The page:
|Calgary Central Library|
|Alternative names||New Central Library|
|Location||800 3 Street SE|
|Completed||November 1, 2018|
|Owner||Calgary Public Library|
|Floor area||240,000 sq ft (22,000 m2)|
|Design and construction|
|Services engineer||SMP Engineering|
The Calgary Central Library, also known as the Calgary New Central Library (NCL), is a public library in Calgary, Alberta, Canada, and the flagship branch of the Calgary Public Library. It is located in the Downtown East Village neighborhood and opened on November 1, 2018, replacing the existing central branch in Downtown Calgary.
The four-storey building cost $245 million to construct and was designed by American-Norwegian architecture firm Snøhetta and Canadian firm DIALOG after the two firms' joint bid won a design competition in 2013. Their design features an oval-like form and an interior with a large central atrium with a skylight. The building is elevated one floor above street level to accommodate a light rail trackway below as well as a public plaza.
Planning for a new library began in 2004 and was finalized in 2011. Construction began in 2013 with the encapsulation of an existing CTrain light rail tunnel portal; above-ground construction of the library itself began in September 2015.
The Central Library is located along 3rd Street SE between 7th and 9th avenues in the Downtown East Village neighborhood, adjacent to the Calgary Municipal Building. The CTrain City Hall station is located to the west of the library's northwest corner.
Planning for a new central library branch in Downtown Calgary, to replace an older building used since 1964, began in 2004. The city of Calgary, working with the Calgary Municipal Land Corporation, proposed a site adjacent to the city hall in the Downtown East Village neighborhood. The Calgary City Council approved the project in 2011, providing $40 million for its construction. Rejected sites included the current library in Downtown, the former headquarters of the Calgary Board of Education, the Olympic Plaza, and the former Telus World of Science centre in the Downtown West End.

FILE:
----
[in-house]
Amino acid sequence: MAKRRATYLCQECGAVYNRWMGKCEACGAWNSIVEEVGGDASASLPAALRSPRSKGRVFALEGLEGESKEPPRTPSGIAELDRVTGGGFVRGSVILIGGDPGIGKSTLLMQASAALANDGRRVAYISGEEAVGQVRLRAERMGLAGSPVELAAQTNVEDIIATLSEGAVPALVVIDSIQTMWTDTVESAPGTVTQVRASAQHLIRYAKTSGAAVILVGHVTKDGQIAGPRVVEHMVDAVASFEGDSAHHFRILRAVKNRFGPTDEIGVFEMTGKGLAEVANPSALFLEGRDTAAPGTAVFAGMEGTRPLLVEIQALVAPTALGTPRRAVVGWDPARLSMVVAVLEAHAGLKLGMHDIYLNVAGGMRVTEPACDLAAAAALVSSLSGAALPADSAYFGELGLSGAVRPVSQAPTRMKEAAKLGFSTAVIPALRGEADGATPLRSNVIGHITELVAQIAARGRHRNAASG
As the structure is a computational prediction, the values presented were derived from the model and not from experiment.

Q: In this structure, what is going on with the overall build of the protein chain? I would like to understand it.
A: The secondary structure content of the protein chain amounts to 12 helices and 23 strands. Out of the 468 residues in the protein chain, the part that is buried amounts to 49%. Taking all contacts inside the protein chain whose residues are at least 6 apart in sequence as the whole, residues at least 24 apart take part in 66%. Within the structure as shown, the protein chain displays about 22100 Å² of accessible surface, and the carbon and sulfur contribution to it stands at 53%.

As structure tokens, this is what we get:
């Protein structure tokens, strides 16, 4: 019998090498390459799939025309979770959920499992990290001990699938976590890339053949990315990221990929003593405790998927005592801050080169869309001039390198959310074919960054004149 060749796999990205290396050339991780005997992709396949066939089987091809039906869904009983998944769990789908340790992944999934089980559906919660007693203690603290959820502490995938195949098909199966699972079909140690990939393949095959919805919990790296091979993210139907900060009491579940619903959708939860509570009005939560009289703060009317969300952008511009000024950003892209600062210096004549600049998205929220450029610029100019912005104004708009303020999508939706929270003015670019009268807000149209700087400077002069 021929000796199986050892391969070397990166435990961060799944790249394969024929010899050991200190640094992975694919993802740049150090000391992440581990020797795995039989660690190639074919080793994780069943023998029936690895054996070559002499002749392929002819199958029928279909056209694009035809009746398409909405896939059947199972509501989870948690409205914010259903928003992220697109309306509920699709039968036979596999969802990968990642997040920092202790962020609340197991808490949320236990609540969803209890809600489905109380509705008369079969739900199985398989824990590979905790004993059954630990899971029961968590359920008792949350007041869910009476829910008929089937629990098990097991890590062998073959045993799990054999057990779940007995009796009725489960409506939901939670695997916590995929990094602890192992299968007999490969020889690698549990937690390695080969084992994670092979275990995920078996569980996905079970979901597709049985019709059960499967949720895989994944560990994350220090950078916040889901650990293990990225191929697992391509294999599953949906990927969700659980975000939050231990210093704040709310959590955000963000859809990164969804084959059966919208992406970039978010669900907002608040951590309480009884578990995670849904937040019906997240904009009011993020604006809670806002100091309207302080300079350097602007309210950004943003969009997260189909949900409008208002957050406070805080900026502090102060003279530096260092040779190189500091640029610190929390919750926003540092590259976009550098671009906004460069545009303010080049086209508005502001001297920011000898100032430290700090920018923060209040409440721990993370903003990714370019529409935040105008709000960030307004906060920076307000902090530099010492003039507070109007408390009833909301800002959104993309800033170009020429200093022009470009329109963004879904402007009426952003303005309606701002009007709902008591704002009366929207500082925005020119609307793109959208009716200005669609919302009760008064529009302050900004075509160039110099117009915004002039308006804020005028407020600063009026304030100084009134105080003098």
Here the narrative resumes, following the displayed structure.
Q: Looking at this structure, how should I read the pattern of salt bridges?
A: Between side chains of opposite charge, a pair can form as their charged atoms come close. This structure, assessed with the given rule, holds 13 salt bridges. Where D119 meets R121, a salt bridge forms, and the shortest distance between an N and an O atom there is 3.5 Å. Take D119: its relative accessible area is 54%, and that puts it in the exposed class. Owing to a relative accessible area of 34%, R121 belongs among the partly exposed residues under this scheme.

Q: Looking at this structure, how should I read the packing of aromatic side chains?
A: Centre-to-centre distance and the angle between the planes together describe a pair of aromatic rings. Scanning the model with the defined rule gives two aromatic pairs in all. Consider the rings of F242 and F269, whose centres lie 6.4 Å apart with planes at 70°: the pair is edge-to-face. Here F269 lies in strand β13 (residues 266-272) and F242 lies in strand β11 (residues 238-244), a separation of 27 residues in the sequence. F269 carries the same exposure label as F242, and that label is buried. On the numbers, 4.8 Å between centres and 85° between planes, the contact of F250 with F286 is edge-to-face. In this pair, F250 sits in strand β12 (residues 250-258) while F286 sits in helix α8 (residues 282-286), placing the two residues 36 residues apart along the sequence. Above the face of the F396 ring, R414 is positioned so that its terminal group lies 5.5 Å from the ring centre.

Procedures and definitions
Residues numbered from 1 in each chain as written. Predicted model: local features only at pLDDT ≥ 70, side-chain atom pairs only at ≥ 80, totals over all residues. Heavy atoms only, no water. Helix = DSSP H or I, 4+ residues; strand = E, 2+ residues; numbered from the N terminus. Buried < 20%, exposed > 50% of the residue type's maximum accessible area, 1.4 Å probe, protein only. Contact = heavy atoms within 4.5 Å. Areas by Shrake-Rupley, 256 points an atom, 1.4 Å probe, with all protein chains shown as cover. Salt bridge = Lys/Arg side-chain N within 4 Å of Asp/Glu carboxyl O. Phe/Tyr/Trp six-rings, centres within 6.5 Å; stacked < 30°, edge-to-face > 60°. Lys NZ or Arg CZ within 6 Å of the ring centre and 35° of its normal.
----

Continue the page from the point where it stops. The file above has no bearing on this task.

Of the $245 million budgeted for the library project, $175 million was contributed by the city government and $70 million came from the Calgary Municipal Land Corporation, a city-owned real estate developer. The largest private donation for the project, via the Calgary Public Library Foundation, was a $1.5 million contribution from Nexen, a Calgary-based oil company and subsidiary to the Chinese state-run CNOOC, for the naming rights to a high-tech learning centre.
The library's design was unveiled to the public in September 2014 by architects Snøhetta and DIALOG, who won a design competition in 2013. The entire building is oval-shaped and is elevated one floor above street level to cover a CTrain light rail tunnel and an open plaza, included with the intention of connecting Downtown East Village to downtown. The entrance is framed by wood-clad arches inspired by the shape of arched clouds made by Chinook winds in Alberta. Landscaping around the library and adjoining plaza consists of terracing inspired by the foothills of the Canadian Rockies.
The 240,000-square-foot (22,000 m2) interior centres around a four-storey central atrium topped by a skylight. The lower floors contain the library's meeting spaces and activity centres, while the upper floors feature book stacks with space for 450,000 titles and a reading room. At street level, one floor below the main lobby, is a 340-seat theatre, conference rooms, and small café.
The entire library features several environmentally friendly features, such as triple-pane windows to save energy on climate control and finishings made of low volatile organic compound materials.
One notable absence from the new library is a connection to the +15 skybridge system that spans the central business district of Calgary, the nearest location of which is inside the Calgary Municipal Building. A connection was considered, but ultimately rejected because of conflicts with the city hall's hours of operation as well as low predicted traffic.
The first stage of construction was the $25 million encapsulation of a 135-metre (443 ft) long section of light rail used by the CTrain Red Line, which emerges from a tunnel on the proposed site. The light rail encapsulation began in May 2014 and was completed in September 2015, allowing for vertical construction of the library to begin.
The Central Library was opened to the public on November 1, 2018, with astronaut Chris Hadfield dedicating the building. In the first four days that the library was opened to the public, a total of 52,000 people visited as part of the opening ceremonies. The library was praised for its design and its potential impact on Calgary's image amid a planned bid for the 2026 Winter Olympics.
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